Wet Bread Review

King’s Head Theatre 10th, 11th & 13th July. Reviewed By Jessica Brady 

Wet Bread is an exploration of what it means to have a cause, to follow that cause even if you’re not really sure why you believe it, is it to distract you from facing struggles and reality in your own life? Is it to make a difference? Or is it to prove a point that you have the power to change things that others can’t?

Adele [Played by Morag Sims] is an extreme left wing labour campaigner, going door to door in the lead up to the election where it is likely that there will be a Tory Majority. She is quick to criticise anyone who has different opinions to hers or of attitudes that will be the downfall of society in her mind. She is not open to failure or admittance that she alone cannot make a difference to the World and the declining of a people who are struggling whether its refugees, the homeless or being a vegan crusader! We follow Adele and the many that appear to doubt, question or simply don’t really care for her quest to success in her many causes. Her friend challenges her to give up the politics and join her in learning conversational Italian instead as it is much more useful. This rubs Adele up the wrong way and a pledge is set between the two, the friend will learn her Italian and Adele will change the World single handily in one year or give up politics for good.

What transpires is Adele’s struggle to find that one cause which makes her feel accomplished, be it taking in an alcoholic tramp into her one bed flat in an attempt to ‘save’ him, finding a man who matches her ideals completely or organising protests when she isn’t exactly sure what she is protesting for but knows that if she gets enough media attention and arrested then she is to be taken seriously almost like a martyr for good. What Adele fails to realise before it’s nearly too late is that the battles she needs to face are much closer to home when her mum gets the news that her cancer is terminal.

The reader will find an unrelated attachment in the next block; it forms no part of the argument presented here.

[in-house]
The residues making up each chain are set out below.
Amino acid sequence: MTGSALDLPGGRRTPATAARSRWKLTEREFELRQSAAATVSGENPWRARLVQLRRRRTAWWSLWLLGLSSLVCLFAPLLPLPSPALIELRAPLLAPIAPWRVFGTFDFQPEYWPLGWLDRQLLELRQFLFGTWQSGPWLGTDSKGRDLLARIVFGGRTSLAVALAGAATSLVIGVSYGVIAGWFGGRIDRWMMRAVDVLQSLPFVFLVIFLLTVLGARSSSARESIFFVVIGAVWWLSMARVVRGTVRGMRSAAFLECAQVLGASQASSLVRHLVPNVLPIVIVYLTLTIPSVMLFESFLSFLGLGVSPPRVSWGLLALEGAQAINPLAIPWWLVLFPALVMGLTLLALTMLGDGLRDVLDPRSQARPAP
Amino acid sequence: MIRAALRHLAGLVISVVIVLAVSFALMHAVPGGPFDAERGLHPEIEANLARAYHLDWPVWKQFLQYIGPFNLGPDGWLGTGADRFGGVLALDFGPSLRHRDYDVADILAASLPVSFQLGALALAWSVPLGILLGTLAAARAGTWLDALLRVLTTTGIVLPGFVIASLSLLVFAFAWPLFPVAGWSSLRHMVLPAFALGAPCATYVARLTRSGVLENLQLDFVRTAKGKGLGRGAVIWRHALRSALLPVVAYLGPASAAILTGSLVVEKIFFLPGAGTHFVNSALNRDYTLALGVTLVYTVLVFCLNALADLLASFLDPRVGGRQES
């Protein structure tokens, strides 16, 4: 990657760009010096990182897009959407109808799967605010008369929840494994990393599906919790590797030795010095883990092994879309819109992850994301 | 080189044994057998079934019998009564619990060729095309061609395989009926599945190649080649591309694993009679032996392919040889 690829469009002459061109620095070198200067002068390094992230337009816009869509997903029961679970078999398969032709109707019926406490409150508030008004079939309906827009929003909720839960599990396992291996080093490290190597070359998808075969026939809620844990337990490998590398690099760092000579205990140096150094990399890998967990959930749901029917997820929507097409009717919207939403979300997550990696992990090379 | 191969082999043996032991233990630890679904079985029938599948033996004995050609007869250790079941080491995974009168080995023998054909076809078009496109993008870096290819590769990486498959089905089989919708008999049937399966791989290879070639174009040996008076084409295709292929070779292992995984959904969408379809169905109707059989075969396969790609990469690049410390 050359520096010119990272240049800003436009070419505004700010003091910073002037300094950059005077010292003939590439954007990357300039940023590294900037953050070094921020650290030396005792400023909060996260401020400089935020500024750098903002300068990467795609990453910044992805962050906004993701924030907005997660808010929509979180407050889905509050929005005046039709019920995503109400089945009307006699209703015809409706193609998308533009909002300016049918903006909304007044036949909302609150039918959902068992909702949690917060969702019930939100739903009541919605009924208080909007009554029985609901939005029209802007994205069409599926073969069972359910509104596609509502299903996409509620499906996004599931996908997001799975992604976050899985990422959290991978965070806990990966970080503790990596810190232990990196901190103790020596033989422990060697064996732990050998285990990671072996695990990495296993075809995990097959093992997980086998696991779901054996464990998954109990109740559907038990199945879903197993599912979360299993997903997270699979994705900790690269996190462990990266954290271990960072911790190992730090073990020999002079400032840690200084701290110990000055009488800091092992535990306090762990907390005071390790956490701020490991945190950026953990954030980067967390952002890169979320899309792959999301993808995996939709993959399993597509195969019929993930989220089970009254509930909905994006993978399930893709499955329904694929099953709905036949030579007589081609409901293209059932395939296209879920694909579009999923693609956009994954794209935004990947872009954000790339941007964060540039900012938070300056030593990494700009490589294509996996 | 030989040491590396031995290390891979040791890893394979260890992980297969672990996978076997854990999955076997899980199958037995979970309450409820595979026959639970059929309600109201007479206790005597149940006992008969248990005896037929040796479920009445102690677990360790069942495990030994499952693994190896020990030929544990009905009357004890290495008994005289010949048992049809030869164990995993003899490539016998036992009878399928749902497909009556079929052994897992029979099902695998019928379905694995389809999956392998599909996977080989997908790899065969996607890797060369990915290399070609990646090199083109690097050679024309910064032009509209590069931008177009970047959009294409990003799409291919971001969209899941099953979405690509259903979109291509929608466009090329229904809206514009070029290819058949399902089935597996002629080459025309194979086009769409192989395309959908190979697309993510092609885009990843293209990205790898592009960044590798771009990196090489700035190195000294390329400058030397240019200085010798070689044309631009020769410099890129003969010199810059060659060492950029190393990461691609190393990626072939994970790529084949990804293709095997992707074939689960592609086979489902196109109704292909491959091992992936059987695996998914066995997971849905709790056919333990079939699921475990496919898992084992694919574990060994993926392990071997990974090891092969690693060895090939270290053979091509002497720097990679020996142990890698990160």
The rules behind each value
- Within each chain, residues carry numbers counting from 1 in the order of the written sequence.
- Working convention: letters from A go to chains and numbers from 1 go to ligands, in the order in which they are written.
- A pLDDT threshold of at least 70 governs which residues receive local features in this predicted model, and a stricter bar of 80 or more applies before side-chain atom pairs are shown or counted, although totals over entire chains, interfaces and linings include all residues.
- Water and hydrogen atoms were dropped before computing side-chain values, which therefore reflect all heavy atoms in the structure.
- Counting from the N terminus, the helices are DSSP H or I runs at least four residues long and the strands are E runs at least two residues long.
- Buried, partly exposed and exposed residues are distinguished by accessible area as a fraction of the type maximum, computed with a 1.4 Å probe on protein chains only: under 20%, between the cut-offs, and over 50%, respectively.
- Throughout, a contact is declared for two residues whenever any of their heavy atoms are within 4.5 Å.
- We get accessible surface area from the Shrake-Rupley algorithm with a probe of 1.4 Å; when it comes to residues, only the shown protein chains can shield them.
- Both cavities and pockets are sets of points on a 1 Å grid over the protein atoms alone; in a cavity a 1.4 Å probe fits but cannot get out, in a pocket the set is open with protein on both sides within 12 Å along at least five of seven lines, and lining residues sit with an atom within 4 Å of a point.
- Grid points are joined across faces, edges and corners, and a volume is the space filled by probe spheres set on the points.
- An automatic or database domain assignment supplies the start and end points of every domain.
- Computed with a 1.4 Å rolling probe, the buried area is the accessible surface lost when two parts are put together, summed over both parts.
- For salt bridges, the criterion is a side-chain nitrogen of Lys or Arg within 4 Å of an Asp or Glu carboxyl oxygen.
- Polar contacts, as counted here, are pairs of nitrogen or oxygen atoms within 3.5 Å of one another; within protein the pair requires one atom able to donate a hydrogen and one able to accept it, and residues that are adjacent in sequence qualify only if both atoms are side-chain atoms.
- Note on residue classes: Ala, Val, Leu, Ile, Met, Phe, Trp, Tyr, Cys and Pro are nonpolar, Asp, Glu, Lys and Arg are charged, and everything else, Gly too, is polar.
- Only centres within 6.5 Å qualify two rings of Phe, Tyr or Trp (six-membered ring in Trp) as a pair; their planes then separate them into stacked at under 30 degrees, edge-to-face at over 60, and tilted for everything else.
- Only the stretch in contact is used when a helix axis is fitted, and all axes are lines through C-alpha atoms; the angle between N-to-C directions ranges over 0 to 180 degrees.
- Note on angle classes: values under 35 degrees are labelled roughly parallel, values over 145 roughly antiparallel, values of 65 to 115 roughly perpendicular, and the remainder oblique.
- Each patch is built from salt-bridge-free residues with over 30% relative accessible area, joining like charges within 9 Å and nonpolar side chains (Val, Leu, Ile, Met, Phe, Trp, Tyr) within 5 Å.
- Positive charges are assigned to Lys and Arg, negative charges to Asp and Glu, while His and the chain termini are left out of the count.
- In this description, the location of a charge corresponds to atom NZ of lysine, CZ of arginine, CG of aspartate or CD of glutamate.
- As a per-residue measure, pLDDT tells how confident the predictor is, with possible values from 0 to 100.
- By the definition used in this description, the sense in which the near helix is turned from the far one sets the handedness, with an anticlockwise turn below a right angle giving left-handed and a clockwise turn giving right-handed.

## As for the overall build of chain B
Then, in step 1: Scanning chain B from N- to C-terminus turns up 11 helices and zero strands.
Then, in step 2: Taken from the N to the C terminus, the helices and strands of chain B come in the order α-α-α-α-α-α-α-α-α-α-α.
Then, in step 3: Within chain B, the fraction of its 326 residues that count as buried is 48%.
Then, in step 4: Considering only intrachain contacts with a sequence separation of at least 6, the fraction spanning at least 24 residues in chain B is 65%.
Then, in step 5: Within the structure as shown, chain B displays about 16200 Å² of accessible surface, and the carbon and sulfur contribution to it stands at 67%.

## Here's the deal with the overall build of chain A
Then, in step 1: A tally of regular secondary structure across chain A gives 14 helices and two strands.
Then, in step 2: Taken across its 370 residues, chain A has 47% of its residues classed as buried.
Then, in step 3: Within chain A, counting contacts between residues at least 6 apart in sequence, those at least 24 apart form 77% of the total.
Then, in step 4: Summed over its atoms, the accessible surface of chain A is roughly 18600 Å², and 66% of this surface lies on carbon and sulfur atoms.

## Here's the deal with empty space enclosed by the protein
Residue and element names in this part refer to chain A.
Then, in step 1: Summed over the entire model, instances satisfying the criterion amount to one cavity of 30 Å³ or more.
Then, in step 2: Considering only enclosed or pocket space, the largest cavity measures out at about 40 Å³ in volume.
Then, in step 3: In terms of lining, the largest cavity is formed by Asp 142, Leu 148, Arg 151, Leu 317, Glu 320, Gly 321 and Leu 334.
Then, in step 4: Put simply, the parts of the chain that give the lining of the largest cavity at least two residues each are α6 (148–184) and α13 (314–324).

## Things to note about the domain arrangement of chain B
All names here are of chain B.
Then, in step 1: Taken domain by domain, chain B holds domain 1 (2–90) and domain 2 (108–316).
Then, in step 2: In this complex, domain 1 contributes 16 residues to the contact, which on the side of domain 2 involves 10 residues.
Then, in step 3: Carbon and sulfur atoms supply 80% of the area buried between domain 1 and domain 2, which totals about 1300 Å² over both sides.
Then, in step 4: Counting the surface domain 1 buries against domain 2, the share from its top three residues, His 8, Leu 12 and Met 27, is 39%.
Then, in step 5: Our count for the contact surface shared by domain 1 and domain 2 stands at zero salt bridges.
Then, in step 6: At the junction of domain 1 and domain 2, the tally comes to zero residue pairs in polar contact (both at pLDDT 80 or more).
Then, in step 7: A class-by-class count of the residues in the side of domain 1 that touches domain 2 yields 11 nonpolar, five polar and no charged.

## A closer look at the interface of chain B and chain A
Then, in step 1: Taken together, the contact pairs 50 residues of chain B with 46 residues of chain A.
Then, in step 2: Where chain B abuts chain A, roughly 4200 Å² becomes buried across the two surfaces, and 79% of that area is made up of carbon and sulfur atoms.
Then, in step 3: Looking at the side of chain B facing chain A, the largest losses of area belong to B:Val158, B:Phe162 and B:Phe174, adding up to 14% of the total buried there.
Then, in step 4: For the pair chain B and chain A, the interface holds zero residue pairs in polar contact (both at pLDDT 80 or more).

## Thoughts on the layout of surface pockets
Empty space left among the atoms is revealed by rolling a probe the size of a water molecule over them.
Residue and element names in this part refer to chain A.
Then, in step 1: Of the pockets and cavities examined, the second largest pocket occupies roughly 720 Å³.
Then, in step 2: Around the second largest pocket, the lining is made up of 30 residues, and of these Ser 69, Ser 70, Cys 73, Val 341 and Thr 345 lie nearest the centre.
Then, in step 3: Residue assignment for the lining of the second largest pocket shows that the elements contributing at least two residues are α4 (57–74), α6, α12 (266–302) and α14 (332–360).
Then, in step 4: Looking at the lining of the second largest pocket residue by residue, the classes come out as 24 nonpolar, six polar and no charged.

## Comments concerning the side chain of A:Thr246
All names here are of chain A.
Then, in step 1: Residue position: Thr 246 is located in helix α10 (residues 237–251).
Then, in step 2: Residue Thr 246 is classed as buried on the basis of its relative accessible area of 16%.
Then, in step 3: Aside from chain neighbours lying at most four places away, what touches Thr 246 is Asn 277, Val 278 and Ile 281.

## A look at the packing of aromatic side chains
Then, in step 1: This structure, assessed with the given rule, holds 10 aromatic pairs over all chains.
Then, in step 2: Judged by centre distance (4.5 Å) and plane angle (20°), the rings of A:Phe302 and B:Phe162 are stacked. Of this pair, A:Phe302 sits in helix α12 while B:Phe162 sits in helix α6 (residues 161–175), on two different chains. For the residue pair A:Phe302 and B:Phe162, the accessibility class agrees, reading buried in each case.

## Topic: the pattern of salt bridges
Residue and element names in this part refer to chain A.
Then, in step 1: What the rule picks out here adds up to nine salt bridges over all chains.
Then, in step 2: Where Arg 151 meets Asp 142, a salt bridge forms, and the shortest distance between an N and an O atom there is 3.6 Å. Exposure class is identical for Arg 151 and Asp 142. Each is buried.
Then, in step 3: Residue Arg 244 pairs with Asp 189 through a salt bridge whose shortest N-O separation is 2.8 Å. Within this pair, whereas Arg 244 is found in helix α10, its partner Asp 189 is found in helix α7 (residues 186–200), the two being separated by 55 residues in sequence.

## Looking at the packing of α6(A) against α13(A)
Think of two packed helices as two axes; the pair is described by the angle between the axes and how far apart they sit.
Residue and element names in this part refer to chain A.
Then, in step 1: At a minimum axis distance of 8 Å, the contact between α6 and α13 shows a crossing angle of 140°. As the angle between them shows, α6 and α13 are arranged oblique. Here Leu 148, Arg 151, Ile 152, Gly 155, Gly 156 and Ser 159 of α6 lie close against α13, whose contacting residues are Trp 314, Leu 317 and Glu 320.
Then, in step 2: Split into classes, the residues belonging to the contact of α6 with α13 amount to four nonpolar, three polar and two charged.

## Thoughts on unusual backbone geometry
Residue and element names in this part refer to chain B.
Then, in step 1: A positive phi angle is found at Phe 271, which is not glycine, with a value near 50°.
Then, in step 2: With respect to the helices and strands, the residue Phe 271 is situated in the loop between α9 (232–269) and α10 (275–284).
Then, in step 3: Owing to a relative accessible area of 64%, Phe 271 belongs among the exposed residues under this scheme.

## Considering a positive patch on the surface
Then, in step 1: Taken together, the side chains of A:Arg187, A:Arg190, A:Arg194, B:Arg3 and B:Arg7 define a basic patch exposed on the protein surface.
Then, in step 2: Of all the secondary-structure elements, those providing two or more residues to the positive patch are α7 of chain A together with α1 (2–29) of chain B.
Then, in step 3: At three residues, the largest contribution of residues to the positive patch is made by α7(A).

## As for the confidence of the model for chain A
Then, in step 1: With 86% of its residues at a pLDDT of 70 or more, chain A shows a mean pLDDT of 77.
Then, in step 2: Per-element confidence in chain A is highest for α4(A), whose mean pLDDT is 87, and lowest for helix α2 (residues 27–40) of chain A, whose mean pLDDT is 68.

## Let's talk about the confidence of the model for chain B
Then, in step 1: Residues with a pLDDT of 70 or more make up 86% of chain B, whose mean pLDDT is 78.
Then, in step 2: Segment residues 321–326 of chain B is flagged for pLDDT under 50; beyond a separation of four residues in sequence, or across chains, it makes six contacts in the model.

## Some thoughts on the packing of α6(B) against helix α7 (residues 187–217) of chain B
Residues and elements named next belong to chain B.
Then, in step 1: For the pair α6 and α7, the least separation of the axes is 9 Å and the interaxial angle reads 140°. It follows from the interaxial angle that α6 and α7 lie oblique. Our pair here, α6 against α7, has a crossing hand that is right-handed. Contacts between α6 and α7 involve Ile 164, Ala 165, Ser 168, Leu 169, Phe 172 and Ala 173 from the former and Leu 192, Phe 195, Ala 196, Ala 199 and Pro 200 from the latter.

Morag Sims is an exceptional performer who commands the stage with strength and has such talent to play a multitude of characters and interchanges between, having conversations as two characters, sometimes three and as an audience we are invested and completely believe it. Sims is certainly one of the best actors I have witnessed at storytelling in its purest and simplest format, without an elaborate set, masses of props or costume changes even, she manages to take you on a journey of so many people which is an incredible skill. I applaud her and her director Tom Latter for bringing Tom Glover’s marvellous script to life in a wonderfully comic, clever and beautiful way! Catch Wet Bread at the King’s Head Theatre and keep an eye out for Morag Sims, she is a performer to watch out for in the future!

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